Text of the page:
No prelate was more prominent than Archbishop John Ireland of St. Paul, Minnesota. The fiery prelate — his nickname was "the consecrated blizzard of the Northwest" — was the most outspoken proponent of full legal and social equality for Black Americans in the late 19th and early 20th centuries. At a time when some supported full civil and legal equality among the races but resisted what was then called "amalgamation," or full social equality including interracial marriage, Rudd reprinted Ireland's many sermons on racial issues in the American Catholic Tribune.
'Though Rudd remained a Catholic until his death in 1933, he was let down by his church and its leaders.'
—Gary B. Agee
Starting a newspaper, of course, was not simply an editorial endeavor but a business one as well, and Rudd developed three primary sources of revenue. Rudd printed "custom made cards, letterheads, envelopes, bill heads, statements, pamphlets, books, briefs and 'all kinds of legal and commercial work,'" in addition to his newspaper. Secondly, the newspaper was popular, and Rudd employed five traveling agents to sell subscriptions.
Thirdly, Rudd received contributions from many white Catholics, and even a few Protestants, who saw the value of his work. The legendary French Cardinal Charles Lavigerie, archbishop of Carthage and Algiers, was so impressed by Rudd when the two met in 1889 in Switzerland that he donated 1,000 francs per year for the rest of his life.
Agee's biography examines the different issues that Rudd addressed in the pages of his newspaper, and how Rudd's own views about the best means for achieving racial justice developed over time. Agee also looks at how competition and other factors led to the decline in readership and eventual closure in 1897, by which time Rudd had moved to Detroit.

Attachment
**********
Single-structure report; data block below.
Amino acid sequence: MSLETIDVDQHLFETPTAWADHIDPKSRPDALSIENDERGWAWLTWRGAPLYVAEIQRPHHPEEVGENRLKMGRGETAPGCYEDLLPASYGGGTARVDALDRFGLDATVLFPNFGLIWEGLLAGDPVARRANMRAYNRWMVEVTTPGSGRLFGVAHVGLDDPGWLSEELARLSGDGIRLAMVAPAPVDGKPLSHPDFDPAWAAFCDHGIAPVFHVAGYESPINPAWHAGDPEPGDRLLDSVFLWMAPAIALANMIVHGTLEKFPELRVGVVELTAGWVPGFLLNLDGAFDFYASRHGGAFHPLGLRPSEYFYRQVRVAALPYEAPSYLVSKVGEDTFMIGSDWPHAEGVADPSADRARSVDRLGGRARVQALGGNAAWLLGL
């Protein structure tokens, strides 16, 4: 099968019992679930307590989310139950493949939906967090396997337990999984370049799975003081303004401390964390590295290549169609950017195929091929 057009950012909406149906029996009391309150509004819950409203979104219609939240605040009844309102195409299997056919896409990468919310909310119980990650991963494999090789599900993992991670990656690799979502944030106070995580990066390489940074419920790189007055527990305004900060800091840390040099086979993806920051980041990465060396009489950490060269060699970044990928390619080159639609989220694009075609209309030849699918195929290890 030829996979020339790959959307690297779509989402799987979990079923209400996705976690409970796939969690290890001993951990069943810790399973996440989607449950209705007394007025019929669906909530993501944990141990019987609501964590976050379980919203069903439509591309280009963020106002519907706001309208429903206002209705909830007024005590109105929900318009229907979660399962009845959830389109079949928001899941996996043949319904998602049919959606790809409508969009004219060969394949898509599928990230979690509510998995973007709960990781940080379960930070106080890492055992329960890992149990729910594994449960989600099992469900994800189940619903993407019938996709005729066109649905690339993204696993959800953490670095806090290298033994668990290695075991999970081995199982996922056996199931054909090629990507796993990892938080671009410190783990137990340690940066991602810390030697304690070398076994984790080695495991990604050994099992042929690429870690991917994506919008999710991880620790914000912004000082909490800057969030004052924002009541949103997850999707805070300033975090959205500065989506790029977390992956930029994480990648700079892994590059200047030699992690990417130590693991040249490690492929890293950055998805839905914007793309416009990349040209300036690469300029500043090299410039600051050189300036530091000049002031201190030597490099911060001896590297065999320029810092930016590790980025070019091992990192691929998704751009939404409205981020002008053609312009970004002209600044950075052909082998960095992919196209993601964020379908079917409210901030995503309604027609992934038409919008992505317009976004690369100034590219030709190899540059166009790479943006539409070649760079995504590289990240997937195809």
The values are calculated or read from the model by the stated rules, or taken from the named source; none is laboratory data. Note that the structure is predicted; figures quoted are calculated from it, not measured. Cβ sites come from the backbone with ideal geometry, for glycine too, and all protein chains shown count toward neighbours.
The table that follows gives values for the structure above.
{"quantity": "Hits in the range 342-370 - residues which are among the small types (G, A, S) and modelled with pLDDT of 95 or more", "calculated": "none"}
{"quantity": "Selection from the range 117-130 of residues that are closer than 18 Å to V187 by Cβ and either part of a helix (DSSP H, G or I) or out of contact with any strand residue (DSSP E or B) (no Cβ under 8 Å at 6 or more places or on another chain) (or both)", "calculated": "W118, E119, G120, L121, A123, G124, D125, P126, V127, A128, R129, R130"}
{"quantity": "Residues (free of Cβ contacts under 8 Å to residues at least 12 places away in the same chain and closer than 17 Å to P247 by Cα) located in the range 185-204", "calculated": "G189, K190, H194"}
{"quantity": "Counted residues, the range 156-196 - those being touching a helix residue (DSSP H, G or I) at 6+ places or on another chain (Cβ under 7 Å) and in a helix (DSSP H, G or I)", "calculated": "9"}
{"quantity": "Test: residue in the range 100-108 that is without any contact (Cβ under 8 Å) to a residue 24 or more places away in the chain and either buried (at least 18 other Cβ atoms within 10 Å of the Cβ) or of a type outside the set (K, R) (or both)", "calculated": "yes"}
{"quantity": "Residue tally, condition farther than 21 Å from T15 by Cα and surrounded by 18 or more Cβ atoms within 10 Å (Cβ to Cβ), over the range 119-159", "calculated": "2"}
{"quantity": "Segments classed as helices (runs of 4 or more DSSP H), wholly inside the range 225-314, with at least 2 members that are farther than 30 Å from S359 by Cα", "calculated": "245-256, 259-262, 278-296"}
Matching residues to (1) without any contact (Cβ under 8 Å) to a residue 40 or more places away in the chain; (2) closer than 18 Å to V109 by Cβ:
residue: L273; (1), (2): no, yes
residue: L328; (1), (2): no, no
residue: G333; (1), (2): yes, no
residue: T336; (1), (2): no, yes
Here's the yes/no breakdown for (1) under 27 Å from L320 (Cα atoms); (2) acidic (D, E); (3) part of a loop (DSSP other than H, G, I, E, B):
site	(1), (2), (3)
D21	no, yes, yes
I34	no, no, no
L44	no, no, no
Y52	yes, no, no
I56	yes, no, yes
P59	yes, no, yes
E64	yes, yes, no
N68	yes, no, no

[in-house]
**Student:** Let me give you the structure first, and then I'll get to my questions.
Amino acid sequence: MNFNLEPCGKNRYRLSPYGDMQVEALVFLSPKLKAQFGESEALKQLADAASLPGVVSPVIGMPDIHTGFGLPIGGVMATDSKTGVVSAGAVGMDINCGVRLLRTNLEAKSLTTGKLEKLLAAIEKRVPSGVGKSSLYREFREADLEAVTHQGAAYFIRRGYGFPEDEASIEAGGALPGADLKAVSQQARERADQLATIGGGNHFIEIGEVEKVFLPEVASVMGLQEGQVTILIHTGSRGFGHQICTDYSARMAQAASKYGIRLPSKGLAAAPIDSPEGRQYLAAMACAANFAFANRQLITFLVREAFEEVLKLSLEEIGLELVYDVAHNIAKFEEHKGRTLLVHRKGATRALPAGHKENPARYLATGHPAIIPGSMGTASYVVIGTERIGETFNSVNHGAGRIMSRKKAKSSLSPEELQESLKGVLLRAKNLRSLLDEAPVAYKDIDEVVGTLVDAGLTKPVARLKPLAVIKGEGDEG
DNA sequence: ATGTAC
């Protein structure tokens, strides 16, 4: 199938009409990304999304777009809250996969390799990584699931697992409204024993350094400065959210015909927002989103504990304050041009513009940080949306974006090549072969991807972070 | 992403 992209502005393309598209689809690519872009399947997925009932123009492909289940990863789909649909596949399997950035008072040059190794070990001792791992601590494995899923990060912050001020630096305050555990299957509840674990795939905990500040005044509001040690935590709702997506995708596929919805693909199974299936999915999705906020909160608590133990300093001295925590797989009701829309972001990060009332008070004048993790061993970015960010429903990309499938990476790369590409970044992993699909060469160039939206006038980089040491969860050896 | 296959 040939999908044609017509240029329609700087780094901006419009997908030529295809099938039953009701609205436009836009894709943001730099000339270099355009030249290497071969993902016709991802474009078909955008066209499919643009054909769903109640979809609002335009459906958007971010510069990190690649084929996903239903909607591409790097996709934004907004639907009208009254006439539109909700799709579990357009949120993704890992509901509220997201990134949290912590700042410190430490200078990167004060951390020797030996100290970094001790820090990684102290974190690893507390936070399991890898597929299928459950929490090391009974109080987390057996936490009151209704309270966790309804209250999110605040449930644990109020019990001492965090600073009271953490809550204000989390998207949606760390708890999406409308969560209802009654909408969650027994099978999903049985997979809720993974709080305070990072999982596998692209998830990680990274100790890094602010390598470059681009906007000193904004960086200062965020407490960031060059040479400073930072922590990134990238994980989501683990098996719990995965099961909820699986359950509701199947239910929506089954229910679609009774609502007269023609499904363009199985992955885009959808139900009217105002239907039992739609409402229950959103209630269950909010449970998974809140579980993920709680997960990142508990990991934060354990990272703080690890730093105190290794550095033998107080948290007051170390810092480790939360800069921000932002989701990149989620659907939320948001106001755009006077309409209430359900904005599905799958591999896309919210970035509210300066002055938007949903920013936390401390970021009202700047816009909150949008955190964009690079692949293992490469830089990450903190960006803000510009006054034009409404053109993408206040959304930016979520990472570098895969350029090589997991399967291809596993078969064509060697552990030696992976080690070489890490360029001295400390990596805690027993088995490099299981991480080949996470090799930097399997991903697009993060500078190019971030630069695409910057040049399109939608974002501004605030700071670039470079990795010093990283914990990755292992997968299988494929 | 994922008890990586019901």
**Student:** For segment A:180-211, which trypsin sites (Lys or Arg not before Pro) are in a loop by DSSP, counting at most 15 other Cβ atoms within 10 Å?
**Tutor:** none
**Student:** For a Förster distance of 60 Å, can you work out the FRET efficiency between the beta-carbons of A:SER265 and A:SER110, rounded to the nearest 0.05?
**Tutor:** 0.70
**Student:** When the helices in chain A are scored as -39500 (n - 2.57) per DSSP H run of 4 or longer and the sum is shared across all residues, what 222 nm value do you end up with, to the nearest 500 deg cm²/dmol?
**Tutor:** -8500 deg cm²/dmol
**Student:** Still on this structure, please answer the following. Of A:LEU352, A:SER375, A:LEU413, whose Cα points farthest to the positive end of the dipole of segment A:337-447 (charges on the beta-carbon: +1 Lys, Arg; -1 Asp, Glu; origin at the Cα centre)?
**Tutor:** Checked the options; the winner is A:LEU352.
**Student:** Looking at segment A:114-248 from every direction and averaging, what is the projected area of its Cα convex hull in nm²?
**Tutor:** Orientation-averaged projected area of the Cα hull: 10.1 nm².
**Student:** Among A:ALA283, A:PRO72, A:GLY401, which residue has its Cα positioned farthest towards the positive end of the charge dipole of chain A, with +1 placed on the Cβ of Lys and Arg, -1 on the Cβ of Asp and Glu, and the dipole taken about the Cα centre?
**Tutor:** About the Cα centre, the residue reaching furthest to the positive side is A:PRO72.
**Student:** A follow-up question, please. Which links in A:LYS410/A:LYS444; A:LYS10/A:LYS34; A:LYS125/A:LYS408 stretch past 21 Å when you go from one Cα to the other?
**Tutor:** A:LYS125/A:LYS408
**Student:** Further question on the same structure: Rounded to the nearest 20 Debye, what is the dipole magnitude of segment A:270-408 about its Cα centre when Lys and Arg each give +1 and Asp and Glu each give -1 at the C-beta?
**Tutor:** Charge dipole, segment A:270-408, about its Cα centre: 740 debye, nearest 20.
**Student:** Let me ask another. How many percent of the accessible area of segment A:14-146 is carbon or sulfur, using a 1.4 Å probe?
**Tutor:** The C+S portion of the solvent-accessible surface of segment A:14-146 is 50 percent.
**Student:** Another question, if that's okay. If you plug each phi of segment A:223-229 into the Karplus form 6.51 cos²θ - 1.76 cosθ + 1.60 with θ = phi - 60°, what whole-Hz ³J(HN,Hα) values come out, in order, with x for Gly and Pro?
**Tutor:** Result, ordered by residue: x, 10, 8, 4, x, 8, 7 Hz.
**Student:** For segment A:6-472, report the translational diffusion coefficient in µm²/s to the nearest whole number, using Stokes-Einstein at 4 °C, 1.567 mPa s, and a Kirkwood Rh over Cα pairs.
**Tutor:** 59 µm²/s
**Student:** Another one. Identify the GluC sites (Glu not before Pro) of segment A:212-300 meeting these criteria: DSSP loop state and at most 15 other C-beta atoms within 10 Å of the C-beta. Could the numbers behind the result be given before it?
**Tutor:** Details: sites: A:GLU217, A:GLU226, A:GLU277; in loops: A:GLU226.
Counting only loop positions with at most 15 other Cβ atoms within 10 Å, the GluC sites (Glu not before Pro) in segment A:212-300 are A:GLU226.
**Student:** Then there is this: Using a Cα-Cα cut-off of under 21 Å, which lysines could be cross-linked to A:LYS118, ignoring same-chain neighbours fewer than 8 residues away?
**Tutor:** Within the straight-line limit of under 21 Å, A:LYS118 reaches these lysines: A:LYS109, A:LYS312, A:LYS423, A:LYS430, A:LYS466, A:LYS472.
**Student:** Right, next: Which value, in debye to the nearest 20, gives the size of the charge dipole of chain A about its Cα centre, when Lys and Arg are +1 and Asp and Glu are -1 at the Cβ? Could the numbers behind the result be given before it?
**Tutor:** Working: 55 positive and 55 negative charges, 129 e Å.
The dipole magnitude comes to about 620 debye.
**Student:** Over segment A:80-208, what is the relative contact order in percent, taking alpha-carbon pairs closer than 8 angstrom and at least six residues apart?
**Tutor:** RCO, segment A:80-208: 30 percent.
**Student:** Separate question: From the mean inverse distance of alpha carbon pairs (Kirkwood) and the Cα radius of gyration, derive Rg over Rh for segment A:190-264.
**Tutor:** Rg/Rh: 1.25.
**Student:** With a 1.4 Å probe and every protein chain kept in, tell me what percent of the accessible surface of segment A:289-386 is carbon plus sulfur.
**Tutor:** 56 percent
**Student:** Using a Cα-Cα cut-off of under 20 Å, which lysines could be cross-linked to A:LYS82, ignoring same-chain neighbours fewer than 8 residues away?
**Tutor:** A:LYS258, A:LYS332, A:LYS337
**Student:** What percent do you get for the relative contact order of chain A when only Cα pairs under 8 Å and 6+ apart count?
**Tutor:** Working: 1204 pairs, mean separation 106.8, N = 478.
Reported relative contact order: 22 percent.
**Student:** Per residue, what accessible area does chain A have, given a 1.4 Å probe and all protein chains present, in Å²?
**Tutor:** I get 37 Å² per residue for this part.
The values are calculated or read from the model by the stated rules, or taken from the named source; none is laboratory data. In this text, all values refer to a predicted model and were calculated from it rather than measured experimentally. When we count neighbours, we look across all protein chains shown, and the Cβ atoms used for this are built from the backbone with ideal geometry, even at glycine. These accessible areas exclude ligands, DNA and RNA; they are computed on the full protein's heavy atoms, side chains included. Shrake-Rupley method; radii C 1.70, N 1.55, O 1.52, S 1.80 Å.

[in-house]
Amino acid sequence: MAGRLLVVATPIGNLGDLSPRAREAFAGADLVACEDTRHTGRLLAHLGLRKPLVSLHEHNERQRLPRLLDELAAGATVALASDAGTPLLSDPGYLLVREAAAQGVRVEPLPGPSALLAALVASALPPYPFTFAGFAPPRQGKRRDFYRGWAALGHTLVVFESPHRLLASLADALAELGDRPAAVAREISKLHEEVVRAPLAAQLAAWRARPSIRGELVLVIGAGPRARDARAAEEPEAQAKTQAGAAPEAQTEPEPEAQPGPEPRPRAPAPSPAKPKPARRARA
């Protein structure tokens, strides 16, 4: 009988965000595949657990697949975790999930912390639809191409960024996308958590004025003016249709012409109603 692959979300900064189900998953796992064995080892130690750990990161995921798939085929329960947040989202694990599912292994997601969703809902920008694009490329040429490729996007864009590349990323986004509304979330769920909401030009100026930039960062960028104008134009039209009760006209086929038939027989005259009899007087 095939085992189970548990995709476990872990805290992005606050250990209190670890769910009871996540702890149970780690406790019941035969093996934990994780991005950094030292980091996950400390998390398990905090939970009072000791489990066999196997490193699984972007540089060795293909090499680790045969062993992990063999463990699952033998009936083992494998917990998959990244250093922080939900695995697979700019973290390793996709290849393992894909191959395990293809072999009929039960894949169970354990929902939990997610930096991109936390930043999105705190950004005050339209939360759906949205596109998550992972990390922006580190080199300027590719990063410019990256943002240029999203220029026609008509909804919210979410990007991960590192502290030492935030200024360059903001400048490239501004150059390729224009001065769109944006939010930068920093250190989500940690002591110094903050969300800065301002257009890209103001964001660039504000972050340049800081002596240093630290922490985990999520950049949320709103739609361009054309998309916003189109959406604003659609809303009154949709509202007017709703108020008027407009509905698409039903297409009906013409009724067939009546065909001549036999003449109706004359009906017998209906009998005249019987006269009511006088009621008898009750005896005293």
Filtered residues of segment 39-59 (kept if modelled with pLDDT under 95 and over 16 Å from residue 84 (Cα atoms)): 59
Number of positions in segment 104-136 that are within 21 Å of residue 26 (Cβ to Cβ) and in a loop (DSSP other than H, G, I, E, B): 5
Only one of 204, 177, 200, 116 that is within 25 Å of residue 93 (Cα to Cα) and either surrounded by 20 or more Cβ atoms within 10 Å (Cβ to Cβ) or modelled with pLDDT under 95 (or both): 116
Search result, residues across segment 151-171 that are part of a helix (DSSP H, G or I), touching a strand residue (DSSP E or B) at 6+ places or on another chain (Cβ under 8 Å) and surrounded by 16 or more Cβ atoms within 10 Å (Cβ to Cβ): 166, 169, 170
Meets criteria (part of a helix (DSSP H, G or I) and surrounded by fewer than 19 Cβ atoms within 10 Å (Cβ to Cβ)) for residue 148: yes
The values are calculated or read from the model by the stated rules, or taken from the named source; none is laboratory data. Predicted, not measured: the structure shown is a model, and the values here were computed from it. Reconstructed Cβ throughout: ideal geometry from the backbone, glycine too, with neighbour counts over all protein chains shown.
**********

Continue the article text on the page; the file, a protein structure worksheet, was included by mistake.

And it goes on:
Rudd relied not only on journalism to achieve his goals. He was the driving force behind the Colored Catholic Congress movement, which held its first meeting in Washington, D.C., in 1889. Baltimore Cardinal James Gibbons, who was the primate of the U.S. church in fact though not in name, delivered the opening sermon.
This was an era of such congresses. For example, the German Central Verein organized German-American Catholics (and invited Rudd to speak at one of their congresses). T. Thomas Fortune founded the National Afro-American League in 1887.
These congresses were meant to create networks for advocacy and to recruit and train leaders capable of advancing the interests of the group. They also served to collect information about diverse local conditions. In advance of the third meeting of the Colored Catholic Congress, in Philadelphia, delegates were invited to furnish answers to key demographic questions:
What is the estimated Colored population of your city or country? What is the estimated Colored Catholic population? How many children attending Sunday School or Catechism classes? How many Catholic schools in your city? How many children attending Parochial School? What faculties are there for the education of boys over twelve years?
The movement, like the newspaper, did not last, but Agee shows how indomitable Rudd's belief in the central place of the Catholic Church in achieving race relations could and should be, even if that belief became increasingly hard to justify.
Agee writes, "Though Rudd remained a Catholic until his death in 1933, he was let down by his church and its leaders. Sometime after the collapse of the ACT, Rudd looked elsewhere for a more promising path forward. In his later life, he promoted a prescription for racial uplift that closely resembled Booker T. Washington's economic self-help approach."
Additional chapters of this fine book deal with Rudd's attitudes toward other oppressed minorities, his editorial reactions to the increasingly hostile legal and social environment faced by Blacks, exemplified by the increasingly prominent practice of lynching, and Rudd's later years in the South.
By the end of the book, the reader has a real sense of who this man and how remarkable and distinctive his life's work was. Occasionally, the prose gets bogged down and Agee has a tendency to frame a quote by repeating it, but these are small complaints compared to the work's achievement.
The life of this fascinating Black Catholic leader and activist is one that would interest all Catholics, and hopefully challenge us, too, to be as committed to a Catholic vision of racial equality as was Daniel Rudd.